Roslyn was founded with the discovery of coal and the coming of the Northern Pacific Railroad in 1886.  The town's population swelled dramatically in those first decades, from a few hundred in 1886 to about 4000 people in the 1920's.

The Roslyn coal field attracted men from coal mining regions in other parts of the United States and from nations with well developed coal industries.   Forty percent of the population in 1900 was foreign born, mostly Slavic, Italian and English immigrants.  In fact, 24 nationalities have been recorded living in Roslyn at one time.  Sprawling across wooded hills on the outskirts of town lie the 25 cemeteries, still segregated as to ethnic origin or lodge affiliation.


Roslyn Schoolchildren
Photo courtesy of the Ellensburg Public Library Local History Collection

The same census year of 1900 shows 22% of Roslyn's population was black at that time. The Knights of Labor had instituted a strike in 1888 which shut down the mines.  The principal issue was the miners' demand for an eight hour day.  The company recruited black miners from Virginia, North Carolina and Kentucky to take the place of the striking miners.  Special trains brought in over 300 black miners and their families during 1888 and 1889.  This migration represented the greatest increase in the black population of Washington Territory at that date.  Once tension abated, white and black miners worked together peaceably amid the constant danger of the job.


Black pioneers of Roslyn Washington, circa 1890
Photo courtesy of the Ellensburg Public Library Local History Collection

In 1963, the last of the working mines closed, and a way of life was gone.  But it is not forgotten.  A miner's memorial was erected in front of the old Company Store on September 2nd, 1996.  The annual Coal Miners festival celebrates our town's history on Labor Day Weekend.  Old shafts, slag piles, coal sheds and mining roads are everyday reminders.  The Roslyn Historical Museum on Pennsylvania Avenue harbors mining memorabilia and historical photos along its cramped and narrow walls.  Along with the "old-timers'" memories and stories passed on through the generations, these artifacts and landmarks give us all a sense of living history in Roslyn.

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After the Coal Rush


Film crew working on the set of the television series, Northern Exposure, 1990's
Photo courtesy of the Roslyn Public Library


It's been said that Roslyn became a ghost town soon after.  Certainly, it was a town changed.  The population dropped from a high of 4,000 in the early 20th century to 938 in 1999.

Not much has been written or recorded about Roslyn in the past 50 years.  Through the generations, Roslynites changed from miners to loggers to government employees working for the U.S. Forest Service or the Department of Transportation.  The town's children moved on to Seattle, California, Alaska.  Stores closed down, reopened as something new, then closed down again.  Commuting became a way of life for many.

In the 1970's, Roslyn experienced a new influx.  Drawn by the quiet, rural lifestyle and compelled to stay here by the unique Roslyn charm, the town became a haven for young people.  Some were looking for a good place to raise children.  Others were artists who found inspiration and freedom here.  For a time, hippies and retired coal miners scraped together a living side by side (or with several vacant houses between them).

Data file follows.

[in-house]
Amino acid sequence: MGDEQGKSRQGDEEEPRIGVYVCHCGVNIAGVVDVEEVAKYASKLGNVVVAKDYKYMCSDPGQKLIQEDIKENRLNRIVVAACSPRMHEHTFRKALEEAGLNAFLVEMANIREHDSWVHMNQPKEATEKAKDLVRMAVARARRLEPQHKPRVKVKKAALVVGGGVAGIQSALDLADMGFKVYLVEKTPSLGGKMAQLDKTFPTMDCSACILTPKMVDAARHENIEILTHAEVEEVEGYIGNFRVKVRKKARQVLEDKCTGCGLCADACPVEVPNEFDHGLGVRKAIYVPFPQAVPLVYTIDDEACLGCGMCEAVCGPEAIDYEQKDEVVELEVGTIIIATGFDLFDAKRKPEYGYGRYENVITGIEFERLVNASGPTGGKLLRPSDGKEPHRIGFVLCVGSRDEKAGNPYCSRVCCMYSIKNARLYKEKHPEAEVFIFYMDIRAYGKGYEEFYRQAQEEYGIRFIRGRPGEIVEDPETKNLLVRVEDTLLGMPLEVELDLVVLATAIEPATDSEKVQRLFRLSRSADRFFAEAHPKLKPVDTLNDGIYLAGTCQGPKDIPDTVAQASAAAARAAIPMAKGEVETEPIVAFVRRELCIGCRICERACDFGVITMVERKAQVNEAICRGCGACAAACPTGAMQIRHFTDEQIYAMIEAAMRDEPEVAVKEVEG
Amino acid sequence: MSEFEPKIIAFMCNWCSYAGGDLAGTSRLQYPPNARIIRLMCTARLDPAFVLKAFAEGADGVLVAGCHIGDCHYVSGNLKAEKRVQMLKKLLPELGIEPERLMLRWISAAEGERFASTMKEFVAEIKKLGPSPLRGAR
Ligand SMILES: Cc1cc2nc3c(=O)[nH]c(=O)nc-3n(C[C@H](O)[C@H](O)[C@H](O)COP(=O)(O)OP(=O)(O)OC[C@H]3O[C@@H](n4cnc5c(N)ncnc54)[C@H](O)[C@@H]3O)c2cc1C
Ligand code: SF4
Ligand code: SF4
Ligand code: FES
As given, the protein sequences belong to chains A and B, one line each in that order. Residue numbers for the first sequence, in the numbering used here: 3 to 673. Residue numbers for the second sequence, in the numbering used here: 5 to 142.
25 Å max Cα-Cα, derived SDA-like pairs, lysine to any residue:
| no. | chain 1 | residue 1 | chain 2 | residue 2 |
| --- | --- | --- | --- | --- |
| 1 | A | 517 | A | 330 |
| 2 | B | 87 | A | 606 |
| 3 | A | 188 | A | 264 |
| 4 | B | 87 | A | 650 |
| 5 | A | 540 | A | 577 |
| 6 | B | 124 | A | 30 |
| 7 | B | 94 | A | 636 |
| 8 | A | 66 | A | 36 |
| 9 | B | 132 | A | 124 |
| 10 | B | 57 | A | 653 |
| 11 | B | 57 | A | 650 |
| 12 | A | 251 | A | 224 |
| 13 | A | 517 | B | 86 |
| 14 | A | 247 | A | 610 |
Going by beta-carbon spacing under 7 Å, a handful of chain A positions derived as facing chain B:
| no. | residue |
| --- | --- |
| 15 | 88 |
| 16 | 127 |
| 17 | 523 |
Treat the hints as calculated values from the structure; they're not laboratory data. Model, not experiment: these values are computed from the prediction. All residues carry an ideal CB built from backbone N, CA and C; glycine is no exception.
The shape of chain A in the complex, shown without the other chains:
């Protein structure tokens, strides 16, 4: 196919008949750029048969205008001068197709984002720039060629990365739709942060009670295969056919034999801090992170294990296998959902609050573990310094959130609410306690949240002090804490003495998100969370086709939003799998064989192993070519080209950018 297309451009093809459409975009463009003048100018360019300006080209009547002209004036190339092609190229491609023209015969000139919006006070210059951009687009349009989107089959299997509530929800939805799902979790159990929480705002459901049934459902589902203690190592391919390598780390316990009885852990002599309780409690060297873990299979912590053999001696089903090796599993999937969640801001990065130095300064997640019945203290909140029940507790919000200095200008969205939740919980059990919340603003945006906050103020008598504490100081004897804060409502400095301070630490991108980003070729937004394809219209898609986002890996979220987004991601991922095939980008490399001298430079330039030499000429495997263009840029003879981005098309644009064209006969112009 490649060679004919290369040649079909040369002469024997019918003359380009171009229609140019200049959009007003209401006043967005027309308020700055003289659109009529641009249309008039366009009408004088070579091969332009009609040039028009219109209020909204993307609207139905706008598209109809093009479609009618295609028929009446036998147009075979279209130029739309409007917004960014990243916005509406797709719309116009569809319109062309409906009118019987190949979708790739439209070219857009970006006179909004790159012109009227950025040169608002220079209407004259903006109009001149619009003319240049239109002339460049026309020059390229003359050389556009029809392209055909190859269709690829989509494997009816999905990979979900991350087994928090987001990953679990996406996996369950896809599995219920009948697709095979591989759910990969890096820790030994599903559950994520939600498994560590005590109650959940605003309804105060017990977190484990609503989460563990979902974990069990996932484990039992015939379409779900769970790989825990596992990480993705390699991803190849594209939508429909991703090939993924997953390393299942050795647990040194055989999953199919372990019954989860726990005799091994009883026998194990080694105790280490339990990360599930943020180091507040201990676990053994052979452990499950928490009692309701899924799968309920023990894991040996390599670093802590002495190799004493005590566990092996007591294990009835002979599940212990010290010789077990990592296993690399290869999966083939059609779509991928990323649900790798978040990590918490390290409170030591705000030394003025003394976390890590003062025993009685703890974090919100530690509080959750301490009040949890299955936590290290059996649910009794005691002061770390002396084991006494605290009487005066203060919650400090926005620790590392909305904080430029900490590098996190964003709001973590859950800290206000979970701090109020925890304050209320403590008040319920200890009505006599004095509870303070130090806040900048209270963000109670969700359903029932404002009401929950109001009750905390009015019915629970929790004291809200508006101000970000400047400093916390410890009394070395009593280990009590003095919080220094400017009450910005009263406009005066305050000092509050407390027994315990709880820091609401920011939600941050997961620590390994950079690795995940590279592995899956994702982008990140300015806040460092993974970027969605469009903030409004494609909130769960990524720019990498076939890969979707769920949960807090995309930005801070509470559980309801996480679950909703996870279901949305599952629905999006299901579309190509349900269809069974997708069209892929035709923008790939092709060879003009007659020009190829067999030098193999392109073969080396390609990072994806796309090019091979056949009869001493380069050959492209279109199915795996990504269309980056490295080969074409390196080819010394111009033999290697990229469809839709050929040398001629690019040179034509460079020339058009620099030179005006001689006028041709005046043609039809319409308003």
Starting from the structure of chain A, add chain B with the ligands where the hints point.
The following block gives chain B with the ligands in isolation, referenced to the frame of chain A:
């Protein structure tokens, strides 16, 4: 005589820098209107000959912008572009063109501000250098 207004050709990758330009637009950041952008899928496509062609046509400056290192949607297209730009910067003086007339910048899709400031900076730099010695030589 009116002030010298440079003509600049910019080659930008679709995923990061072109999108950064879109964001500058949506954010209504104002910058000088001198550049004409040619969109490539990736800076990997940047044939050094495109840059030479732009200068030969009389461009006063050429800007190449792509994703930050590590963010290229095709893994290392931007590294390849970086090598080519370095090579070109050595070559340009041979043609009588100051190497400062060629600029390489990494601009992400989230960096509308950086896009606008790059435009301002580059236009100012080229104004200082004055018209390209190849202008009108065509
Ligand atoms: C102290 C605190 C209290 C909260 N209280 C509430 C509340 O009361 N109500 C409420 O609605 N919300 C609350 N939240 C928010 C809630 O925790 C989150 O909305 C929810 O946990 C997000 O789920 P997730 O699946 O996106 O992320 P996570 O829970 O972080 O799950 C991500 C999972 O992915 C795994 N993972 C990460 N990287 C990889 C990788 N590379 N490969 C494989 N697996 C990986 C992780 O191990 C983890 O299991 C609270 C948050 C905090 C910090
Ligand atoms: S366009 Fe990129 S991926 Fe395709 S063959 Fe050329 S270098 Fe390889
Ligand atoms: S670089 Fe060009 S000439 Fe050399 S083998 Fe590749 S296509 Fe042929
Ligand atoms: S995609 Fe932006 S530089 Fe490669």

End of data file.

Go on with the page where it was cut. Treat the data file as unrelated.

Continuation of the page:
Then, in 1990, a television production company came to town and shook everything up once again.  Roslyn became the location site for the award winning television series Northern Exposure.  Film crews filled the streets, along with the tourists who came to see it all happening.  For five years, Roslyn was known by millions of TV viewers as Cicely, Alaska.  New businesses sprouted, tourists poured in, and the town was booming all over again. 

Since 1995, when the series ended, Roslyn has quieted down some.  There are still Northern Exposure gift shops, but the stream of tourists buying moose key chains and mugs has become more of a trickle.  Locally driven small businesses are taking hold.  Cottage industries are being cultivated.  Art still flourishes.  People flock here not so much to see Cicely, but to go mountain biking, fishing, backpacking and snowmobiling in the thousands of acres of wilderness and national forest surrounding the town.  Roslyn is experiencing a "new age."

The reasons why haven't changed.  Roslyn and her surroundings are unique, special, beloved by many.  One visit and it is easy to see why.  An early description of Lake Cle Elum, located several miles northwest of Roslyn, appeared in the Kittitas Standard of September 1, 1883:
"Sighting the magnificent waters of Lake Cle Elum, bounded upon one side by high, craggy, treeless peaks and upon the other by gently sloping, forest-covered hills, free from underbrush, one can readily understand what a magnificent sight must have been presented when in days agone, the lake was dotted with gaudily decked Indian canoes, or its ice-environed surface was illuminated by hundreds of torches of the piscatorially inclined children of the forest. Nor is any great stretch of the imagination required to enable one to see that at no distant day the waters of this beautiful lake must attract to its shores many persons upon health or pleasure bent."
*Historical information provided by the following sources:
"Through Open Eyes:  Ninety Five Years of Black History in Roslyn, Washington" - an Ellensburg Public Library exhibit pamphlet
"Coal Towns in the Cascades" by John C. Shideler
"Spawn of Coal Dust" - published locally in 1955
Hake, Shirley Dean.  University of Washington.  Master's Thesis, 1953
"A History of Kittitas County Washington 1989, Volume I" compiled and published by the Kittitas County Centennial Committee.
Permission to reproduce photos is required.

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Last Update December 30, 2013